If You Wanted To Drop the Superdome Into the Bayou Corne Sinkhole, Now You Could | 350 Exiles Are Homeless As Nine Months Tick By
|As we pass through the first nine months of the Bayou Corne, Louisiana fiasco, the toxic, bubbling slurping monster continues to cause new tremors* and no one who used to live there is going home anytime soon, or (most likely) anytime ever. However, since you are unlikely to hear anything about the sinkhole on your news broadcast (Anderson Cooper is keeping you up on the Jodi Arias murder trial and he only has so much time to devote to journalism – the rest goes to being a cute guy), we wanted to celebrate the occasion by providing a bit of perspective in terms of scale. The last time the sinkhole ate more of the Louisiana forest was in mid-April, at which time three more acres were swallowed. This brought the total to 15.2 acres in all…but what does this really mean? In addition to the fact that the national news media is FUBAR, the fact is that the sinkhole as a visual experience has been a disappointment.What we mean to say is: here is a another major screwup on the part of the petro-gas-chemical axis, in which an underground salt dome cavern was used as an personal storage depot by the Texas Brine, LCC folks. But then they broke it, and all hell broke loose. The problems is, it doesn’t look that bad on the surface, so how are you going to compete with the Voice?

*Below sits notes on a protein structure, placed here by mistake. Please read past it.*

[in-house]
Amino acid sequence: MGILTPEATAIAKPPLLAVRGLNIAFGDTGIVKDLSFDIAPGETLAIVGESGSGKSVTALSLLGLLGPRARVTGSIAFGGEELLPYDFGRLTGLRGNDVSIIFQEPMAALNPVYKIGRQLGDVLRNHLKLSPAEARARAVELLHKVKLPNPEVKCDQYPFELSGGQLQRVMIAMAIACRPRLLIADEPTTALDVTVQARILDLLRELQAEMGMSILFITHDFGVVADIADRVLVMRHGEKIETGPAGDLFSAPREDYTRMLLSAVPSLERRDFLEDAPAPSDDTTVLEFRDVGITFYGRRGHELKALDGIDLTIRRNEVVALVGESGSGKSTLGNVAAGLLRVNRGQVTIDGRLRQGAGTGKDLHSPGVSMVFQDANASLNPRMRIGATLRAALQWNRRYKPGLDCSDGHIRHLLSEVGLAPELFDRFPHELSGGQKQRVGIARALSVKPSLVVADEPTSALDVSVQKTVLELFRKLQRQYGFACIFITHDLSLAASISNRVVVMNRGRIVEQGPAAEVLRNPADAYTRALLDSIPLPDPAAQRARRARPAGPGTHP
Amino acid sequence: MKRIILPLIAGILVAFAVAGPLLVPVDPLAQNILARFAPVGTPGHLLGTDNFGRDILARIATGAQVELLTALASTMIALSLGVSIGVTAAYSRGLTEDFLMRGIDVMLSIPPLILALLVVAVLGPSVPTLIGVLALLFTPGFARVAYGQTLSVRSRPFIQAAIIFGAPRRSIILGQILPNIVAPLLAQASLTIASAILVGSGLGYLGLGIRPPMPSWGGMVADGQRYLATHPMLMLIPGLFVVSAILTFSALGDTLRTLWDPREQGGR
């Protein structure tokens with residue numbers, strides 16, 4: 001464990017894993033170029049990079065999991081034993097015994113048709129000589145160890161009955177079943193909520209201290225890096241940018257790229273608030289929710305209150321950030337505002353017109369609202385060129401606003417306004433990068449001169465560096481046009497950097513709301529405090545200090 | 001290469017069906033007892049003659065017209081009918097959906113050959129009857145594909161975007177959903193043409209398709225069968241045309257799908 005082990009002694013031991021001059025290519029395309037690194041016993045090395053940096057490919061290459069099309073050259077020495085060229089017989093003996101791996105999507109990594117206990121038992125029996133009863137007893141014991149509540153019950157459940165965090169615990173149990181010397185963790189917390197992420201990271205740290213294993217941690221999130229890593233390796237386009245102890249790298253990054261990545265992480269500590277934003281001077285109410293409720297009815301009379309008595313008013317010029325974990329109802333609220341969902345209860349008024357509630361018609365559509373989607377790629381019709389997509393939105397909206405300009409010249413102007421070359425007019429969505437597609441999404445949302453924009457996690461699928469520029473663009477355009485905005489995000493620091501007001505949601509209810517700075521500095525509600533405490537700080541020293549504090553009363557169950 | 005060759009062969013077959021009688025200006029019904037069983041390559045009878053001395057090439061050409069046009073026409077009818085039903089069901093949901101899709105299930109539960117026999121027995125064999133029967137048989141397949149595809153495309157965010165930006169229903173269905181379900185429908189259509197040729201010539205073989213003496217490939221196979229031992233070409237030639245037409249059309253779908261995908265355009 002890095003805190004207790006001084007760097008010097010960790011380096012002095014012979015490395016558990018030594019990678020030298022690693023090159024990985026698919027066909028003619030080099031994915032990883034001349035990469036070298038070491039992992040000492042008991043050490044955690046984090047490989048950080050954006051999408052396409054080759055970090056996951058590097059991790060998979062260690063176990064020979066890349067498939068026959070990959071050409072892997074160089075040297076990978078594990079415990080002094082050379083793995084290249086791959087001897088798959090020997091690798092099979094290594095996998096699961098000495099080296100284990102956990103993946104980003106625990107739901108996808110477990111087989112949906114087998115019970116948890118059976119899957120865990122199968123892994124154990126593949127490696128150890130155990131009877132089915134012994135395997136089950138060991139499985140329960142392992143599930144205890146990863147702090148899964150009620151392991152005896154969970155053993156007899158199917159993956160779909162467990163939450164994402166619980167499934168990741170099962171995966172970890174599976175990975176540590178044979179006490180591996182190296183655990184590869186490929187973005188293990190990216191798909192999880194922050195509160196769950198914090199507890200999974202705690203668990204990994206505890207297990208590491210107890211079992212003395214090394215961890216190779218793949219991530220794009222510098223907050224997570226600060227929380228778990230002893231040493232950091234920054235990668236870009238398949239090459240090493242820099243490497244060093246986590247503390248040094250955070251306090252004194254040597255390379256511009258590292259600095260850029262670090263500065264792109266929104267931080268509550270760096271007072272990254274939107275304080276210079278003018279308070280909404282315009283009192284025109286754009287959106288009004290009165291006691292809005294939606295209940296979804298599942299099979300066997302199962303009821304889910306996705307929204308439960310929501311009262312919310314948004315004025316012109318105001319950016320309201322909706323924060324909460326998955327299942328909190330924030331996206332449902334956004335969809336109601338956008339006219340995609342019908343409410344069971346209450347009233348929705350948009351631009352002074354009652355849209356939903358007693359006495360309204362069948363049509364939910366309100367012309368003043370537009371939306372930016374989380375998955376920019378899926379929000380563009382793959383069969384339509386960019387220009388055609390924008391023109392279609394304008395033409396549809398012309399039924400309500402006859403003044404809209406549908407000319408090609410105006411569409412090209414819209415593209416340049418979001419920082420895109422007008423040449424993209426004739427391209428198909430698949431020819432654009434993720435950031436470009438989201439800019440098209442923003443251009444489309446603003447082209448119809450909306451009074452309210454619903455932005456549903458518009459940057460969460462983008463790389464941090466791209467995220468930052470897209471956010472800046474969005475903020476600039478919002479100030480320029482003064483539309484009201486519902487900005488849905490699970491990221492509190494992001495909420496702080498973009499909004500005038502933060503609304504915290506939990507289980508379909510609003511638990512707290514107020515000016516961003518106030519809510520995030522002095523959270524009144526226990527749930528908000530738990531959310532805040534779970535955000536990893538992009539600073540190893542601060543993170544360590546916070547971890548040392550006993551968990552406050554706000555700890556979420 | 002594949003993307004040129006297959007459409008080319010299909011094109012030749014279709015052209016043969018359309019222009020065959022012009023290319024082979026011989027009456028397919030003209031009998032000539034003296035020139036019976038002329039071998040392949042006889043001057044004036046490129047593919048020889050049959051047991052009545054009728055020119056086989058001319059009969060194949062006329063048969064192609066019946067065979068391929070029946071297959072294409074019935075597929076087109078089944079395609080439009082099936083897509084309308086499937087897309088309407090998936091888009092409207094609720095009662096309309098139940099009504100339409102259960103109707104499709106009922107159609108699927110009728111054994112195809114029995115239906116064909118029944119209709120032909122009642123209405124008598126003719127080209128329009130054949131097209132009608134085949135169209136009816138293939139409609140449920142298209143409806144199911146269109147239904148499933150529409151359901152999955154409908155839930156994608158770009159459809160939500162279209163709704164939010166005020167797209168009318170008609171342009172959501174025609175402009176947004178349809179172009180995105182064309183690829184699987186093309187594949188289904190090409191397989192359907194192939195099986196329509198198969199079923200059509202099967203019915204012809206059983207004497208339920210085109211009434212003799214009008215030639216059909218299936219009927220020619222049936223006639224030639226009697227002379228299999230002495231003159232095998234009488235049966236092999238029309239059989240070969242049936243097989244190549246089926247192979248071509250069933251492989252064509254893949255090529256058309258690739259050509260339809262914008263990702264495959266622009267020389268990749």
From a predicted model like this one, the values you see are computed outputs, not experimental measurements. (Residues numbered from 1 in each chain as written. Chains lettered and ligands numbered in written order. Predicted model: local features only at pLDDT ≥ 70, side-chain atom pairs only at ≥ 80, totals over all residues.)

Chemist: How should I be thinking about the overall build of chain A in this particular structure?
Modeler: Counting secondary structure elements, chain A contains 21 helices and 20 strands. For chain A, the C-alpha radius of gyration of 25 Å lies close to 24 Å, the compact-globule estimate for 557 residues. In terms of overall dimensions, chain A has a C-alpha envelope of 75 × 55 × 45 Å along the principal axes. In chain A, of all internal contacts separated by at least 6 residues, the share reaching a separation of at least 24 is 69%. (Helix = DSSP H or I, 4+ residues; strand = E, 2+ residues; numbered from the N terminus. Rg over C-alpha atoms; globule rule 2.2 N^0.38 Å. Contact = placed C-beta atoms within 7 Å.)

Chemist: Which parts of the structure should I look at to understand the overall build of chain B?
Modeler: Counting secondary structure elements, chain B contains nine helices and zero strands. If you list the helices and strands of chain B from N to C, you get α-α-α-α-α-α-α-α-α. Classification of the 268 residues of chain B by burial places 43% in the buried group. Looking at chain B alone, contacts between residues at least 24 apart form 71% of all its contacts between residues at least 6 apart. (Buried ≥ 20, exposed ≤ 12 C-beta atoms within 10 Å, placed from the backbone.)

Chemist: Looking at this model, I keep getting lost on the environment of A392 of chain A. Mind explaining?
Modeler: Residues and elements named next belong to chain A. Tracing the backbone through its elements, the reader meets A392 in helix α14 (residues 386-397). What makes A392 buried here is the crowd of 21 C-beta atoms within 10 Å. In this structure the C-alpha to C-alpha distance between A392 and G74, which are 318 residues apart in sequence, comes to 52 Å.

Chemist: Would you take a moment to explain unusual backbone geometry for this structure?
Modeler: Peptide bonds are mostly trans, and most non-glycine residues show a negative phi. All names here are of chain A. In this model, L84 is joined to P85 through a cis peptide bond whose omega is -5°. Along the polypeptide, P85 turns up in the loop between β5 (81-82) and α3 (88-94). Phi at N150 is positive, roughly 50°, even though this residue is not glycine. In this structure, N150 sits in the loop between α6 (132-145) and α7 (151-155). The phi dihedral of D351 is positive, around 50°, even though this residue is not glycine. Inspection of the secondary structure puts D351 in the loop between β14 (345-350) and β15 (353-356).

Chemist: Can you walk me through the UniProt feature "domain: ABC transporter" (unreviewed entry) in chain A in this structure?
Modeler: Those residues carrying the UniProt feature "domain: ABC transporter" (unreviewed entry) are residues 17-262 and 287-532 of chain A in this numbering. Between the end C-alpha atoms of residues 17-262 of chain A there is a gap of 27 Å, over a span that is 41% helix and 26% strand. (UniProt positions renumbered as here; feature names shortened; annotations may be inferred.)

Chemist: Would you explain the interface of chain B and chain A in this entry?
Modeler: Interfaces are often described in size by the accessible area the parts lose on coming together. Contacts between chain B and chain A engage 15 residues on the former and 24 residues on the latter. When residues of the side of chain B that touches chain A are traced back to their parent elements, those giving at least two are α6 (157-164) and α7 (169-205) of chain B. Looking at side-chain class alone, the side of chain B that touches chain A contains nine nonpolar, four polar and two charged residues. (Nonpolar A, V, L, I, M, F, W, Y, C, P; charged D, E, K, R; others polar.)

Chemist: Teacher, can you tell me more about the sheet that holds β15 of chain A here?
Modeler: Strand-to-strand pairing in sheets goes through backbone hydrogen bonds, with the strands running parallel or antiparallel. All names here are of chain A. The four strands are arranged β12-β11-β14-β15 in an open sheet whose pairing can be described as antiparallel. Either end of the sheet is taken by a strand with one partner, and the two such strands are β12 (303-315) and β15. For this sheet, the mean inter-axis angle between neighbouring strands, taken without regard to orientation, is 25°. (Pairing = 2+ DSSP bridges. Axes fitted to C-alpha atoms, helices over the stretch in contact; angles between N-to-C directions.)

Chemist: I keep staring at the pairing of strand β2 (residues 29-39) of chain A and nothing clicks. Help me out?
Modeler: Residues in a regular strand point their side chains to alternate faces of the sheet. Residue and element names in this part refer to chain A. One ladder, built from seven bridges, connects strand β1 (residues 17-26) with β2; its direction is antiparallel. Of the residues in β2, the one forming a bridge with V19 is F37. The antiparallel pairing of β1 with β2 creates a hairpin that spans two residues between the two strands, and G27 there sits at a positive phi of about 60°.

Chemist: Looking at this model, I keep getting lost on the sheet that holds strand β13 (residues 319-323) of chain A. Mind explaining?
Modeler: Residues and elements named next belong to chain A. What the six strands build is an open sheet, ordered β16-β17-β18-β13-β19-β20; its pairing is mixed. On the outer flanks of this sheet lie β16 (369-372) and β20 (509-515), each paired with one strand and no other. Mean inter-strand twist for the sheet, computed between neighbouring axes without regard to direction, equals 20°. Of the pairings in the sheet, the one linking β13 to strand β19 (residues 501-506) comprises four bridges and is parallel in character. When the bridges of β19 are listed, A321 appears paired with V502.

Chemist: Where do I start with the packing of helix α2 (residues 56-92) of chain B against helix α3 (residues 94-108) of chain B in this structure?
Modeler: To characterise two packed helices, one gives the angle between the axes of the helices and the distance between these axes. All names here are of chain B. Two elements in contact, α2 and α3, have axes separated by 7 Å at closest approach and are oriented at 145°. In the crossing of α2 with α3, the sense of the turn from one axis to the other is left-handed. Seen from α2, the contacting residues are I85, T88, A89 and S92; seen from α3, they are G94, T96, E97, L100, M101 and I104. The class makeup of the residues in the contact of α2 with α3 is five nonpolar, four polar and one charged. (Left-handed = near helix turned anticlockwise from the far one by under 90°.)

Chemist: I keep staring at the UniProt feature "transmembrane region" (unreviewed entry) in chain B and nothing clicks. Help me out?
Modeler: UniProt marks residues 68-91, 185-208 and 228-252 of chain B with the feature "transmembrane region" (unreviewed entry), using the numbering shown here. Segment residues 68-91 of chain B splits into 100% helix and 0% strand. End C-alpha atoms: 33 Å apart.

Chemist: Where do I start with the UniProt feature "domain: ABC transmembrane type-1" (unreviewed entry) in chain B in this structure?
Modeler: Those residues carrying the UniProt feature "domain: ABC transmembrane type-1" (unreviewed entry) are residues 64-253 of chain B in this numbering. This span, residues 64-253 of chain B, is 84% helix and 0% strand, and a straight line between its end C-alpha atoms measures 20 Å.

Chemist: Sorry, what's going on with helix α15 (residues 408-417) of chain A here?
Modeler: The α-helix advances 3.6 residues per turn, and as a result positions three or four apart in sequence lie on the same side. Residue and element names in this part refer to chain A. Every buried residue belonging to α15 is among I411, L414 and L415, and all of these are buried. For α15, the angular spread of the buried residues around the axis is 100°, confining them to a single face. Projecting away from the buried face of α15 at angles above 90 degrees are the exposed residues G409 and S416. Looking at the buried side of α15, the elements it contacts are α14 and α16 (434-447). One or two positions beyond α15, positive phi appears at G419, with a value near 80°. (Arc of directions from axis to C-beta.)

In the photos, one does not see the the bubbling of the surface or smell the intense and sometimes poisonous odor of hydrogen sulfide and other hydrocarbons in the area. Aerial photos and videos don’t seem to provide the impact that the media needs to keep the ratings up. So consider this: at 15.2 acres, the sinkhole is now big enough to swallow the Louisiana Superdome, the pleasure palace 70 miles east in the pleasure seeking metropolis of a state so laid back the inhabitants would rather have a crab boil than take on their corporate masters.**
Laissez les bons temps rouler, y’all.
For the full story of what happened here, please visit the CatMap.
*About 50 per day, in an area once virtually free of seismic activity